A gameplay-like sequence involves the parents explaining to their older children that God is a warrior who stands next to people suffering from cancer – the titular dragon – and fights it on their behalf. Some chapters are dominated by long letters, written and narrated by Amy, affirming her belief in God’s power and presence. “My doubts are insignificant compared to God’s faithfulness,” Amy writes in a . Her many letters spell out many emotional questions, but she doesn’t explore her faith nearly as intensely or intimately—there’s no digging into growing up with faith, or developing faith as a mother of multiple children, or caring for Joel specially formed. her understanding of the Christian faith.

In that regard, Ryan is at the side of his wife and co-writer, recalling New Testament accounts of faith in Jesus; the closest he comes to questioning his spiritual path is asking if “Jesus will weep” for Joel as he did Lazarus. The game’s statements of faith accentuate many of Ryan and Amy’s most emotional moments, and they’re spoken and written as bulletproof tenets, meaning they come with the expectation that players share or at least accept those values, as opposed to the game that offers more stories, interactive sequences, or relatable context for Ryan and Amy’s trials or tribulations as Christians.

Conversely, the game allows players to interact and relate to the family’s love for Joel – the nurturing, laugh-out-loud moments that universally connect parents to children. Unless you’re a sociopath, you don’t need memories like that to realize why a parent would love a child, but… TDC players can still push Joel down a slide, help him play with an emotionally charged See ‘n Say talking toy, and comfort him during the terrifying ordeal of getting an MRI scan.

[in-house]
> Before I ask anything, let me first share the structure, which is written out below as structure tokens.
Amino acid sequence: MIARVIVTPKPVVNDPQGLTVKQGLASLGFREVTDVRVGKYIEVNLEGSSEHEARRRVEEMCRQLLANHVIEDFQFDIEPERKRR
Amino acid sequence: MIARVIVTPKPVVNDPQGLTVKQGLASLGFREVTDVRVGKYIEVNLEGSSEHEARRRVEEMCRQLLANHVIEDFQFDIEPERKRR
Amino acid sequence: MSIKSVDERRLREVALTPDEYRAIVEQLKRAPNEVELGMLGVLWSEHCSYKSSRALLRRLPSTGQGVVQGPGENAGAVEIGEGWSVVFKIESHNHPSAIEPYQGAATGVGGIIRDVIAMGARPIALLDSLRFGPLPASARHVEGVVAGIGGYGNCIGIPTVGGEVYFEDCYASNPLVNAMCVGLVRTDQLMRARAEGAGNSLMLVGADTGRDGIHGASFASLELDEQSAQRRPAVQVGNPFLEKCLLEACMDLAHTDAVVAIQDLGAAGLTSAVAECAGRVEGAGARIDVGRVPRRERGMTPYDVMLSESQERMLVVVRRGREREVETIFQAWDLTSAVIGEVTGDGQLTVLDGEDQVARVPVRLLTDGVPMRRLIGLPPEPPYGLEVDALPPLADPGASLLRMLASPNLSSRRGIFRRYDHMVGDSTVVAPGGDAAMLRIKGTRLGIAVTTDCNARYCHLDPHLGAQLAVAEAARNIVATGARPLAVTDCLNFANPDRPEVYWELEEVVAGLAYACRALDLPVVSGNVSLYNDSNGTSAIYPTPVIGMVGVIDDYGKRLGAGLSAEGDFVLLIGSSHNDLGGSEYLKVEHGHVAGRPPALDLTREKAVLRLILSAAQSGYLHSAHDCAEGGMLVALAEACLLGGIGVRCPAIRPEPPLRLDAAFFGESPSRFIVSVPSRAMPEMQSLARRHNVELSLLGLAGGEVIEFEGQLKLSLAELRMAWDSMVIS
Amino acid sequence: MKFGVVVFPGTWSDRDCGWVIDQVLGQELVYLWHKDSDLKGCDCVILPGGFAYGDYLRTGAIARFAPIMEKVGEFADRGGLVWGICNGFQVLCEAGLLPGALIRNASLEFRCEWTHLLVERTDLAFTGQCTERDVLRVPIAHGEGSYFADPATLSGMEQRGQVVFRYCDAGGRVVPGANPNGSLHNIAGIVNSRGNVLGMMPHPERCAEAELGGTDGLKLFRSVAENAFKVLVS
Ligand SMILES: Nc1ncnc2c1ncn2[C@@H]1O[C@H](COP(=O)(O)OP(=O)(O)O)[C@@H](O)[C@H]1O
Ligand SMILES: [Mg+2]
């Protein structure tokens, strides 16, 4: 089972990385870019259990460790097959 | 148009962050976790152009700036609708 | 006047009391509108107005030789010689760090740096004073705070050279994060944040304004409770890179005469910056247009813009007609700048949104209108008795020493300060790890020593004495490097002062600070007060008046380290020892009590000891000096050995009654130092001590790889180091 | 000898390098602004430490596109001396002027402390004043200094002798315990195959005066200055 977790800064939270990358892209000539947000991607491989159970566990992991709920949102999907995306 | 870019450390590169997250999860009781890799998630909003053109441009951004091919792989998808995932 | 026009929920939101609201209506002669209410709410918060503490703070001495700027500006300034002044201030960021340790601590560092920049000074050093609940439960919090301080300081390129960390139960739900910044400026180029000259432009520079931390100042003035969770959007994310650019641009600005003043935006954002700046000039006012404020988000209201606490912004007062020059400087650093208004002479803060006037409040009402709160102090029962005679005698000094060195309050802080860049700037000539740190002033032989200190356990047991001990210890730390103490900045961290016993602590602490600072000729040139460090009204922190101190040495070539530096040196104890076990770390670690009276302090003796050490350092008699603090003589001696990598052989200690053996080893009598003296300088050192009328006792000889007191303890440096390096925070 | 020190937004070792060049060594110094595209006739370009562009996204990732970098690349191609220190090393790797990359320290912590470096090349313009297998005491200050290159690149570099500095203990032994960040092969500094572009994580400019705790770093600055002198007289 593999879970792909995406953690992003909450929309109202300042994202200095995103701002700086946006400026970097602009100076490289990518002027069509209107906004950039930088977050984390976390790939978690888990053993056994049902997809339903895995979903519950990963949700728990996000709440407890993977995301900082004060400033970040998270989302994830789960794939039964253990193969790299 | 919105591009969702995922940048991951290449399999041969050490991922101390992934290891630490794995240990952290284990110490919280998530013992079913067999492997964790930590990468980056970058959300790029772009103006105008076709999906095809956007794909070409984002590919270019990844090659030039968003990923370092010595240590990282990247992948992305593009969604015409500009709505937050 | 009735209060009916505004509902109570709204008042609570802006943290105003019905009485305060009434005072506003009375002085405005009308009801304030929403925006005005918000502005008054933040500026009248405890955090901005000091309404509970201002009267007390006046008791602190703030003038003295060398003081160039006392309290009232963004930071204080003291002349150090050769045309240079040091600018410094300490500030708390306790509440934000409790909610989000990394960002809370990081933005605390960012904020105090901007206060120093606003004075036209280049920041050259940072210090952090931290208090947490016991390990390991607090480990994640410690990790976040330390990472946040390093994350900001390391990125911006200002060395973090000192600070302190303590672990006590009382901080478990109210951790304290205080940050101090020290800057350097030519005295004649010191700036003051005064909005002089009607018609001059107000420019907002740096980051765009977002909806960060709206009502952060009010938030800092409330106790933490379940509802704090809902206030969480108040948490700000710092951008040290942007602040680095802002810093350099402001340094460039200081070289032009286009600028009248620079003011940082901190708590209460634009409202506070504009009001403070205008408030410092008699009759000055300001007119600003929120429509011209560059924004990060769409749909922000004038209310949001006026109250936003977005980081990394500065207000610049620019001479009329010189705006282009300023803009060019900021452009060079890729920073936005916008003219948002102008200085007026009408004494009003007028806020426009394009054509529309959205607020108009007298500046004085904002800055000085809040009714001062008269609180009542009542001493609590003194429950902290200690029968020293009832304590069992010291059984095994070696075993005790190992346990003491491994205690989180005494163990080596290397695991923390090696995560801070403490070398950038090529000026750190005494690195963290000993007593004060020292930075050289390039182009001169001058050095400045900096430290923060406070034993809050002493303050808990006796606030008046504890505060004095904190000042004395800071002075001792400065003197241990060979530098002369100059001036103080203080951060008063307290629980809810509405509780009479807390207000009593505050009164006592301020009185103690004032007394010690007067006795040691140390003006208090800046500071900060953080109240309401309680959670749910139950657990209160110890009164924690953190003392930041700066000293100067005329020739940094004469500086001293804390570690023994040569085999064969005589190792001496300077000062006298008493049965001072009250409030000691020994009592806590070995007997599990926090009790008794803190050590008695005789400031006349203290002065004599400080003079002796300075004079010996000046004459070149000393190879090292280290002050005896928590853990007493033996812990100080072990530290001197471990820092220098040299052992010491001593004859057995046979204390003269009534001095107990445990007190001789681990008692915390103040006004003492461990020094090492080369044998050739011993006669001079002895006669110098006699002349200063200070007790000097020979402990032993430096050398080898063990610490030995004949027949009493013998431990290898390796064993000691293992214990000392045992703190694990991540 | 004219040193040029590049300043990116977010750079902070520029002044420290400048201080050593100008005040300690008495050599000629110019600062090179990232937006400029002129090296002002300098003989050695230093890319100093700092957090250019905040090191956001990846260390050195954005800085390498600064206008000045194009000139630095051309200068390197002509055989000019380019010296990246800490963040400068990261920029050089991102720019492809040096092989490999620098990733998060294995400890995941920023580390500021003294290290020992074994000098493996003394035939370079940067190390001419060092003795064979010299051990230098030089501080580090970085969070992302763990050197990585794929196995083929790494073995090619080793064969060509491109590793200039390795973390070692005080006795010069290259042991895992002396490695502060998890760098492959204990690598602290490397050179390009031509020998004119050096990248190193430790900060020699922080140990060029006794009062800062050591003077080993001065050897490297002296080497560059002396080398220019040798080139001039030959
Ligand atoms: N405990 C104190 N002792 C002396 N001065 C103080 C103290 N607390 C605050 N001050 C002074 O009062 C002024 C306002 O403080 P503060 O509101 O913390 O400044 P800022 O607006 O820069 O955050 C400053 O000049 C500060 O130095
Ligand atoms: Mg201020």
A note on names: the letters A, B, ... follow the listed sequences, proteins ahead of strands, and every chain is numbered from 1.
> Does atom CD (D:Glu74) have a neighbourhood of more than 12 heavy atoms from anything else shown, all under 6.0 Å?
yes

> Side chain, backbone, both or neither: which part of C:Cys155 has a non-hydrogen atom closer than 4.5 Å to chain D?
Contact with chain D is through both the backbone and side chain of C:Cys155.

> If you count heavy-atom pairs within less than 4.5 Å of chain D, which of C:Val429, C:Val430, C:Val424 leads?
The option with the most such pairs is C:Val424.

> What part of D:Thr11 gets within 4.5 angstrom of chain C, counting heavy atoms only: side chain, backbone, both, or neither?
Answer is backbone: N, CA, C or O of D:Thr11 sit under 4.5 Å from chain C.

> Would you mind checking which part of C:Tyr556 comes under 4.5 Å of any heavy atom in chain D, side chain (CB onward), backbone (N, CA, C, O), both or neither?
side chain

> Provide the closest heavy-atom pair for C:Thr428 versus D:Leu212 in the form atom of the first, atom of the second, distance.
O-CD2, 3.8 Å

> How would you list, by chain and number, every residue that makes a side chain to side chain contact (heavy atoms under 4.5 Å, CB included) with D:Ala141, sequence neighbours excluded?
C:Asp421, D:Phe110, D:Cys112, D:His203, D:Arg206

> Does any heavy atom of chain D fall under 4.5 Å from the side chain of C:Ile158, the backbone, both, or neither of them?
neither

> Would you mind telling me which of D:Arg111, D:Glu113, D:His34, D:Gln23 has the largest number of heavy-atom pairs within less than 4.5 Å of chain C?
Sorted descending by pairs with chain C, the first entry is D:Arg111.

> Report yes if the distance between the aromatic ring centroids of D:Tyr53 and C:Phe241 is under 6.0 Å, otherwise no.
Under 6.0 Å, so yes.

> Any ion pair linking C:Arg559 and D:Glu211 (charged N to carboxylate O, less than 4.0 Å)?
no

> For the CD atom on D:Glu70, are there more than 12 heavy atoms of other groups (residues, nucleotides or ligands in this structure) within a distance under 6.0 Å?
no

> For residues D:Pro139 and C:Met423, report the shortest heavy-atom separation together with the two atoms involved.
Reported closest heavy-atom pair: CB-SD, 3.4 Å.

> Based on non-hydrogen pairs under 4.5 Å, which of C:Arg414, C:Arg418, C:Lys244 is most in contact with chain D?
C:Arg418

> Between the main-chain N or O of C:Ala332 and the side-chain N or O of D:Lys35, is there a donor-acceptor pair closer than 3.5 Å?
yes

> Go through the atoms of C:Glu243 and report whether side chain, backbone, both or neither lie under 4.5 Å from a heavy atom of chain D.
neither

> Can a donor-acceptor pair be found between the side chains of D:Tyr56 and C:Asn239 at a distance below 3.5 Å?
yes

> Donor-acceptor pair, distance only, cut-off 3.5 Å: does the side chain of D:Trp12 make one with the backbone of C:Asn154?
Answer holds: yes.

After completing the game and reflecting on what had happened, I found myself wishing for similar intimacy or interactivity with regard to the family’s faith. In TDC, the Greens present the word of the Christian God as seemingly sacrosanct and force us as half-player, half-narrator participants to follow the spiritual path of the family. We cannot absorb the faith-intensive process in the same way we do in a movie or a book – as bystanders who can watch and judge from our own perspective. Players can’t just click to align their values ​​with the Greens.

At its best, the game forces us to let go of Joel – either this Joel, who feels so alive in the game because of so many beautiful moments, or another form of Joel in our own lives – without any guidance, except to control our own compass next to the family’s own stories of happiness, pain and confusion with which we can identify. That’s the emotional heart of That dragon, cancer the ones I’ll remember most vividly: the moments when the family’s words and the game’s perfectly rendered scenes fit together in ways that are less about logic and rationality and more about emotion and survival.

By akfire1